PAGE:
Each contract position requires several technical skills. But, there are a few soft skills you need if you want to thrive as a technical contractor. Whether you’re just making the transition from full-time work to contracting or you’re a seasoned technical contractor, fostering and developing these 10 soft skills will help you succeed.
Communication is essential to advocate for yourself and express your ideas. Sharpening your communication skills will serve you well as a contractor. Especially if you can communicate effectively in both a written and verbal context.
One contract may have you working by yourself. Another may have you collaborating with a large team. And many others will fall somewhere in between. Your adaptability matters as a technical contractor. Because flexible your work style is, the easier it will be for you to thrive in every contract position that comes your way.
Technical contractors are often asked to meet tight deadlines and self-regulate their time. The more organized you are, the easier it will be for you to effectively manage your time, meet deadlines, and deliver results that are outstanding.
Though many full-time professionals have micromanagers breathing down their necks or managers holding their hands every step of the project’s way, contractors face an entirely different circumstance. You’re often asked to self-regulate and stay productive with little-to-no guidance or management. That’s where self-motivation really comes in handy! If you have the drive and the focus to excel and complete a project on time without someone stepping in and telling you what to do and when to do it, you’ll be a more effective technical professional and a much better contractor.
Because technical contractors are often asked to have knowledge and experience with the latest and greatest technologies, your curiosity, particularly in regards to technology, is a soft skill you should constantly develop and strengthen. The more curious you are, the easier it will be to pursue new technical skills and knowledge outside of work hours. And, this curiosity will also propel you into thinking about ways to do things better, more efficiently, and differently than they’ve ever been done which will help you do well in contracts at innovative companies.
6. Problem Solving:
Every technical professional needs well-developed problem-solving skills but it’s an especially important soft skill for contractors. A lot of contract positions are created when a company is having difficulty with its current project. Which means you’ll regularly be stepping into a situation where there are already problems galore. Thinking analytically and solving complex problems is essential if you want to be a successful technical contractor.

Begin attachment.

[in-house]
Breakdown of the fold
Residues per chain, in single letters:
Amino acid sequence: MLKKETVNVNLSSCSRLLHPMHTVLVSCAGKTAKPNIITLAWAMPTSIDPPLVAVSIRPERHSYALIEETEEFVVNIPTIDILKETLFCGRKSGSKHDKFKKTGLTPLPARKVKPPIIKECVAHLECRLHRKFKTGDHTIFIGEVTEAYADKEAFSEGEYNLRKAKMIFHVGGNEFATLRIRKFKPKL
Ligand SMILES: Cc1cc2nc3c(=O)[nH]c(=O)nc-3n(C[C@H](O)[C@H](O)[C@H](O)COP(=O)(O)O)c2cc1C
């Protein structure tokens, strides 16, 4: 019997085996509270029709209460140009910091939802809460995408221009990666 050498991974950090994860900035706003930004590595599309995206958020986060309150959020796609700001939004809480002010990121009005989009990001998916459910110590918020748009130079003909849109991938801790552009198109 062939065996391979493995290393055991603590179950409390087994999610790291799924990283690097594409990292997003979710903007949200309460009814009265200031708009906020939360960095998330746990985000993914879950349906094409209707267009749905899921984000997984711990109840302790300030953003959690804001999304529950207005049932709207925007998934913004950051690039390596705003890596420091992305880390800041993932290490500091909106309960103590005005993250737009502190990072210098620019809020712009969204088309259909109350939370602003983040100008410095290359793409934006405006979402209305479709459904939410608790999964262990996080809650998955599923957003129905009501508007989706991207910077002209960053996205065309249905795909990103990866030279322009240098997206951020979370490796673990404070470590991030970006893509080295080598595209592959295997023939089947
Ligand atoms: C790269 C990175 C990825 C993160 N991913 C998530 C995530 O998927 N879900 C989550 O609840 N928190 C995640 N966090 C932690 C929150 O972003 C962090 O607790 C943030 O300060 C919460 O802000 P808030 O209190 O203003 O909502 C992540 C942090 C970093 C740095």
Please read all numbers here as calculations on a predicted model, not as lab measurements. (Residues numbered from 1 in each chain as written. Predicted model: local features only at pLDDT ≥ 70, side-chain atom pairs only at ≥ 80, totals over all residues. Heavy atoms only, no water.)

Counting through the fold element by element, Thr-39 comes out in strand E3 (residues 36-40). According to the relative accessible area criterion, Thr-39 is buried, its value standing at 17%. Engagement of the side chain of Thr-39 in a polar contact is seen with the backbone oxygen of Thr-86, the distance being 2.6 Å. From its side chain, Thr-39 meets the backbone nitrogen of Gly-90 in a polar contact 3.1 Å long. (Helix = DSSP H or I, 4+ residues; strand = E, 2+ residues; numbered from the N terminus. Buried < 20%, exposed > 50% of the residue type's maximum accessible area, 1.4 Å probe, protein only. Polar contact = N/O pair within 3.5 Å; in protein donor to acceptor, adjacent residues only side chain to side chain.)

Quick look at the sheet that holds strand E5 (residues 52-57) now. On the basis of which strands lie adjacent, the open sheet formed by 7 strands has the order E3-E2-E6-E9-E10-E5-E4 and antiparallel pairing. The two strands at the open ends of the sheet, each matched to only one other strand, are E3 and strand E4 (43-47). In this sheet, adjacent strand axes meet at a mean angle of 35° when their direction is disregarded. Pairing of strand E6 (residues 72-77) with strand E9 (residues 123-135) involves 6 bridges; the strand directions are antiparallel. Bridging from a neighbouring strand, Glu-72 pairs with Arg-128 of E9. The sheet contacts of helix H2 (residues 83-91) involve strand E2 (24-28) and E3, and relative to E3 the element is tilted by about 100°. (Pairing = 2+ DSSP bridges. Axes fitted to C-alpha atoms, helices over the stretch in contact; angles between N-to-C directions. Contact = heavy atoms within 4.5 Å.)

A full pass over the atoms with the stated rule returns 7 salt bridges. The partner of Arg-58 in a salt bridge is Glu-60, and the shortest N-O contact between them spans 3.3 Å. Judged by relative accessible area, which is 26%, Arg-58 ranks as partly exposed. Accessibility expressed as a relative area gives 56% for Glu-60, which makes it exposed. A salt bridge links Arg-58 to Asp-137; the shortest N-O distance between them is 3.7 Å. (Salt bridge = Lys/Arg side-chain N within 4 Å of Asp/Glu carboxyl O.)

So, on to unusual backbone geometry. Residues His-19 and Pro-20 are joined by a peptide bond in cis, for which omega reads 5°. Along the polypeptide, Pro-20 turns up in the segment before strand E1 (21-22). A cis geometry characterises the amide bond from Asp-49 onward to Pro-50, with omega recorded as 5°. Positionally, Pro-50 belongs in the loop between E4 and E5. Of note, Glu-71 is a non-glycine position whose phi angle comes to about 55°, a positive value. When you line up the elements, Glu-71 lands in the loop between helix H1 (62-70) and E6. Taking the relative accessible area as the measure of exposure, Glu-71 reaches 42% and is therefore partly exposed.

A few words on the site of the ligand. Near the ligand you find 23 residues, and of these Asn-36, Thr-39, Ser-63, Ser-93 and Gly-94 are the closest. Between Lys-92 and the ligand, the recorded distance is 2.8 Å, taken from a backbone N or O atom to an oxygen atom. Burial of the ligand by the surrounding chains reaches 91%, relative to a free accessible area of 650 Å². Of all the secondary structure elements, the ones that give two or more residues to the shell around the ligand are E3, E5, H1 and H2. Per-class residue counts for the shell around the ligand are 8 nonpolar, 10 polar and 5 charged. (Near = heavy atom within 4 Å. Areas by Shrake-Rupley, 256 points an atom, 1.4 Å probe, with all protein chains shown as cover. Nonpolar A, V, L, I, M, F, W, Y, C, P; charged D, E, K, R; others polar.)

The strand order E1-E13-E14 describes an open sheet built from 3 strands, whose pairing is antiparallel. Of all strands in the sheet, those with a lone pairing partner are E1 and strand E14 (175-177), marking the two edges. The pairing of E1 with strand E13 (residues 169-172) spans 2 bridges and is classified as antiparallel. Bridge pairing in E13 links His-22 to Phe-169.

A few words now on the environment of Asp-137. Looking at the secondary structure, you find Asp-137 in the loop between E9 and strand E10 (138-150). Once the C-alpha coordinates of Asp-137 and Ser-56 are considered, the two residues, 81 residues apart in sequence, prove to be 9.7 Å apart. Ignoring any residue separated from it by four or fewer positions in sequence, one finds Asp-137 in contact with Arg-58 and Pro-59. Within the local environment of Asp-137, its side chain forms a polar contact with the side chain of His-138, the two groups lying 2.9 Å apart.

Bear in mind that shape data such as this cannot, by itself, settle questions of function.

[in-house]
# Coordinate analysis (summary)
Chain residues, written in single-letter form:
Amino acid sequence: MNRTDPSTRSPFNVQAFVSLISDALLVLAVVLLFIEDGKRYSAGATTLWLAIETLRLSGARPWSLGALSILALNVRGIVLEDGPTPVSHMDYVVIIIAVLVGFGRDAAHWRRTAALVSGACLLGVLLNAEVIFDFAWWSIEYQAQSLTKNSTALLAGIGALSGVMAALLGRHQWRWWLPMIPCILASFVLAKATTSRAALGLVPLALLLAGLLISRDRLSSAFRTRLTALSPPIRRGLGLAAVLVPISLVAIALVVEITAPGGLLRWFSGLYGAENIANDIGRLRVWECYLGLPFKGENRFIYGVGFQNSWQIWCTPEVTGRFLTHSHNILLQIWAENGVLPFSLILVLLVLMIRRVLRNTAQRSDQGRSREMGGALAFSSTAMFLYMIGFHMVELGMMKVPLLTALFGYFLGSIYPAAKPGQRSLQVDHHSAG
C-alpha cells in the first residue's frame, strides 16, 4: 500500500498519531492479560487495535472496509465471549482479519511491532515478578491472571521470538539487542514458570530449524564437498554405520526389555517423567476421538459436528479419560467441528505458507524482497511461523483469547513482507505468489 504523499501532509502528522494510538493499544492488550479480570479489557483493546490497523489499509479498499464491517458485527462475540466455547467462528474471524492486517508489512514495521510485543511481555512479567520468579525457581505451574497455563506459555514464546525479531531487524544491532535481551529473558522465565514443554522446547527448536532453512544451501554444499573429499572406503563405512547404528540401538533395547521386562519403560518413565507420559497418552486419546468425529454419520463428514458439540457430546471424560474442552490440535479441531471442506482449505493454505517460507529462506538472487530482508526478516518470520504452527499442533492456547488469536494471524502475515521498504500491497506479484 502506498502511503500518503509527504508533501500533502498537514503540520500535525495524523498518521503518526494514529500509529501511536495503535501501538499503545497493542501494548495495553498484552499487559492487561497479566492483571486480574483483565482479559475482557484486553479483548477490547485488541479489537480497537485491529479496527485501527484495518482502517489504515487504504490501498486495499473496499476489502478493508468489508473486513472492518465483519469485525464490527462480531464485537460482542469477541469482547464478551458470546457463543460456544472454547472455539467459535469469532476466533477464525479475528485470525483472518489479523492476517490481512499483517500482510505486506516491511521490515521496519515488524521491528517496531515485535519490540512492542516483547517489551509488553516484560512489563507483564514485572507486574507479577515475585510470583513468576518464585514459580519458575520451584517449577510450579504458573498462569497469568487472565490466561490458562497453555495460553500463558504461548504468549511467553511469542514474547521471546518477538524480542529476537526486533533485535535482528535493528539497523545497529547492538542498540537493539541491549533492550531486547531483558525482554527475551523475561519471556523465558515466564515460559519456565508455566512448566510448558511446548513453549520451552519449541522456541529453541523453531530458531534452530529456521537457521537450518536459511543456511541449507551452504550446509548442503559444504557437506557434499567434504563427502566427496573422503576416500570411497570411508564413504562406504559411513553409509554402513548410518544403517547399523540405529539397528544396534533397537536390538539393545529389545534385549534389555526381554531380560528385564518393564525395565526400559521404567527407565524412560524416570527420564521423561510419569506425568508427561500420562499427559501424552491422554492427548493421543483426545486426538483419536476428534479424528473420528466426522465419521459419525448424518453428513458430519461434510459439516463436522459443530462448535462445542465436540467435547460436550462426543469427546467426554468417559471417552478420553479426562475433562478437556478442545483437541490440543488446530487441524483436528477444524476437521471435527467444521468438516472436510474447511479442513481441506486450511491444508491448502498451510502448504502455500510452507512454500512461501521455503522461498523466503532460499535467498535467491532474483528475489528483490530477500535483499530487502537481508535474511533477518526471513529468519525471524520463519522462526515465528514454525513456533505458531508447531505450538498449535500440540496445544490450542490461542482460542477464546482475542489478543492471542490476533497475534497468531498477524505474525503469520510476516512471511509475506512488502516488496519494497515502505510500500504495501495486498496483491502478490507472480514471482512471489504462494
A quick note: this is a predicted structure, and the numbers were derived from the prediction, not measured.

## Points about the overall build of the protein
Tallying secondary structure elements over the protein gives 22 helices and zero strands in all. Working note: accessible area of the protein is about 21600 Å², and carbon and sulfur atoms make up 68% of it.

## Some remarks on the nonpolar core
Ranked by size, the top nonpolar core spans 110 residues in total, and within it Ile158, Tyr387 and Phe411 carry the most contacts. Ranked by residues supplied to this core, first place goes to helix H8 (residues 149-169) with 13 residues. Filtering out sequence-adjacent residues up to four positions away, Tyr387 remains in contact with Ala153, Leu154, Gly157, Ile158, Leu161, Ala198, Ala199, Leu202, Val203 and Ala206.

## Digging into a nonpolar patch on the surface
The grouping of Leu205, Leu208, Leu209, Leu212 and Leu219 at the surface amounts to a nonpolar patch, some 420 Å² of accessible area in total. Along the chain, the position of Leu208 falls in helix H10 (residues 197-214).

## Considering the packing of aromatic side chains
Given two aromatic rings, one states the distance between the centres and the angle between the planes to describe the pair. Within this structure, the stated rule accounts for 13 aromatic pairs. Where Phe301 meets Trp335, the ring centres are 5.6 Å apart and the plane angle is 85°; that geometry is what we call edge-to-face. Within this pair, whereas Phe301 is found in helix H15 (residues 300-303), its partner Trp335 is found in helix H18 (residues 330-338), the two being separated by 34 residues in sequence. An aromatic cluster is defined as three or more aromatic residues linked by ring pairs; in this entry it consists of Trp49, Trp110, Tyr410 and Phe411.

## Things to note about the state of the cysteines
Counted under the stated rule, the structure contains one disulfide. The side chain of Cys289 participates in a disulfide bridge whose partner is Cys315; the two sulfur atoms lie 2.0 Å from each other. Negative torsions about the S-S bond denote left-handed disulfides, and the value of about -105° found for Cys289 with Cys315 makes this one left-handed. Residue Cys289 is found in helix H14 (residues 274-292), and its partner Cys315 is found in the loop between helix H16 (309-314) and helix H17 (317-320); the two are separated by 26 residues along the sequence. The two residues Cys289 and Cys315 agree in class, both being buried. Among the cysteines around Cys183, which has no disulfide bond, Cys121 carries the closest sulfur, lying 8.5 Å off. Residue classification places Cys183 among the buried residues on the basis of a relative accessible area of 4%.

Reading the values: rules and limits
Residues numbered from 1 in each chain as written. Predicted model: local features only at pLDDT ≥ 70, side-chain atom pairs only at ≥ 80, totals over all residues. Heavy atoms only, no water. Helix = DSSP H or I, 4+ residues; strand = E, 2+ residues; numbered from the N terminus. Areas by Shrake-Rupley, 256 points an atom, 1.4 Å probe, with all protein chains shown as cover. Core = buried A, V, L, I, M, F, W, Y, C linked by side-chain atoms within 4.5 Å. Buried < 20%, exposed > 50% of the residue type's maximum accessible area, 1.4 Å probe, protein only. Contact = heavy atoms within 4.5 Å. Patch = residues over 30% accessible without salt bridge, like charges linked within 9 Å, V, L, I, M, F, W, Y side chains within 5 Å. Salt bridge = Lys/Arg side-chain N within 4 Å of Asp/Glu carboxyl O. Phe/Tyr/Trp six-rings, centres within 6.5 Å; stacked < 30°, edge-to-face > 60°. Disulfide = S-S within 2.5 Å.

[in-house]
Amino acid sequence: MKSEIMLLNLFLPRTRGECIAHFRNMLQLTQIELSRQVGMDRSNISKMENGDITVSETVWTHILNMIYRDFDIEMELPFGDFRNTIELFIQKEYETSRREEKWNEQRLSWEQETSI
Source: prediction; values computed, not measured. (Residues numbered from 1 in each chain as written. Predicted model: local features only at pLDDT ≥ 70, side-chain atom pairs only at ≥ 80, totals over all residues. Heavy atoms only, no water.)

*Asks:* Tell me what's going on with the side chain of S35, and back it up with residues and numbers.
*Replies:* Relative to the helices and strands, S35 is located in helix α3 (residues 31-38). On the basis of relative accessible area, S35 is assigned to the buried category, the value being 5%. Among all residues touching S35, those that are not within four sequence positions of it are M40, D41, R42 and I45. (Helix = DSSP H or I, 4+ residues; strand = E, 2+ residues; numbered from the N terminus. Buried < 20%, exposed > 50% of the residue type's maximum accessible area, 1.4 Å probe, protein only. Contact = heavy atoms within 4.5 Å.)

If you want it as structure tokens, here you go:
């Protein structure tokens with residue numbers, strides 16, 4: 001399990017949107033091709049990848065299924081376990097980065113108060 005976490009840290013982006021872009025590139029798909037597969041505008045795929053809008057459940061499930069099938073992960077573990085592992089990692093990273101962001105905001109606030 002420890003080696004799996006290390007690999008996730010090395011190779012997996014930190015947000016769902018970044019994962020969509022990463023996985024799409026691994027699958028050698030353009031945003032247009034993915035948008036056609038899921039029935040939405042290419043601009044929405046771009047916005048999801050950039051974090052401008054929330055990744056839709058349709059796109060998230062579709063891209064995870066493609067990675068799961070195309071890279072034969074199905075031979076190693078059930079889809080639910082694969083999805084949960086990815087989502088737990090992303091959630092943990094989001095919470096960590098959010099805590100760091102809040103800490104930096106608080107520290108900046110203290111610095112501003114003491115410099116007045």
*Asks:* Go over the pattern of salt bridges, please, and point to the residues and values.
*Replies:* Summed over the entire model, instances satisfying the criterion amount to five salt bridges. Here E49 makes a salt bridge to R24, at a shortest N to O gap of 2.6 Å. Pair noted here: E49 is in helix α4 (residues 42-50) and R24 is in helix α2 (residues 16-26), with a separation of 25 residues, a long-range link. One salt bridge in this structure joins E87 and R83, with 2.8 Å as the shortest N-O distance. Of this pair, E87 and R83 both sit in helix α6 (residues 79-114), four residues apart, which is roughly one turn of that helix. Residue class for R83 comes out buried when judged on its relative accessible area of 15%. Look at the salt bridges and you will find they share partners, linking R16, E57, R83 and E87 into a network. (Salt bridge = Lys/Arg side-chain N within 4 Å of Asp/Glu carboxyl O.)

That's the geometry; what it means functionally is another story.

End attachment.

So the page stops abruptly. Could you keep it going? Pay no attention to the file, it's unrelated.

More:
If you want to be productive and meet fast-approaching deadlines, the soft skill you need to sharpen is your ability to focus. Contract positions could have you working in quiet, independent environments or hectic, frenzy-filled open offices with plenty of distractions. If you’re able to focus and get work done at a steady pace in any of these environments, you’ll be a much better technical contractor.
Just as important as self-motivation, self-regulation is the key to success as a technical contractor. If you can assess your progress, pivot your efforts, divvy up your time, and stay productive you’ll do well as a contractor and all of these qualities fall under the umbrella of self-regulation.
One soft skill that you may not take the time to develop as a technical contractor is confidence, but you should! You need to be able to jump from project to project, adapt quickly to vastly different circumstances, and deliver results that are up-to-par. If you’re not confident in your abilities, you won’t be able to do this very well. Plus, your confidence can help you secure future contract positions.
Part of being a contractor is dealing with a lot of ups and downs, ebbs, and flows. If you take the time to develop just one soft skill, make it your resilience. The ability to persevere and succeed no matter what challenge is thrown your way will help you have a more fulfilling and less stressful career as a technical contractor.
If you want to be a technical contractor, you need to spend time cultivating your technical skills. Similarly, you need to spend time sharpening and developing these 10 essential soft skills. If you do, you’ll be a more desirable hire to a wide variety of companies and you’ll have an easier time succeeding throughout your career as a contractor.
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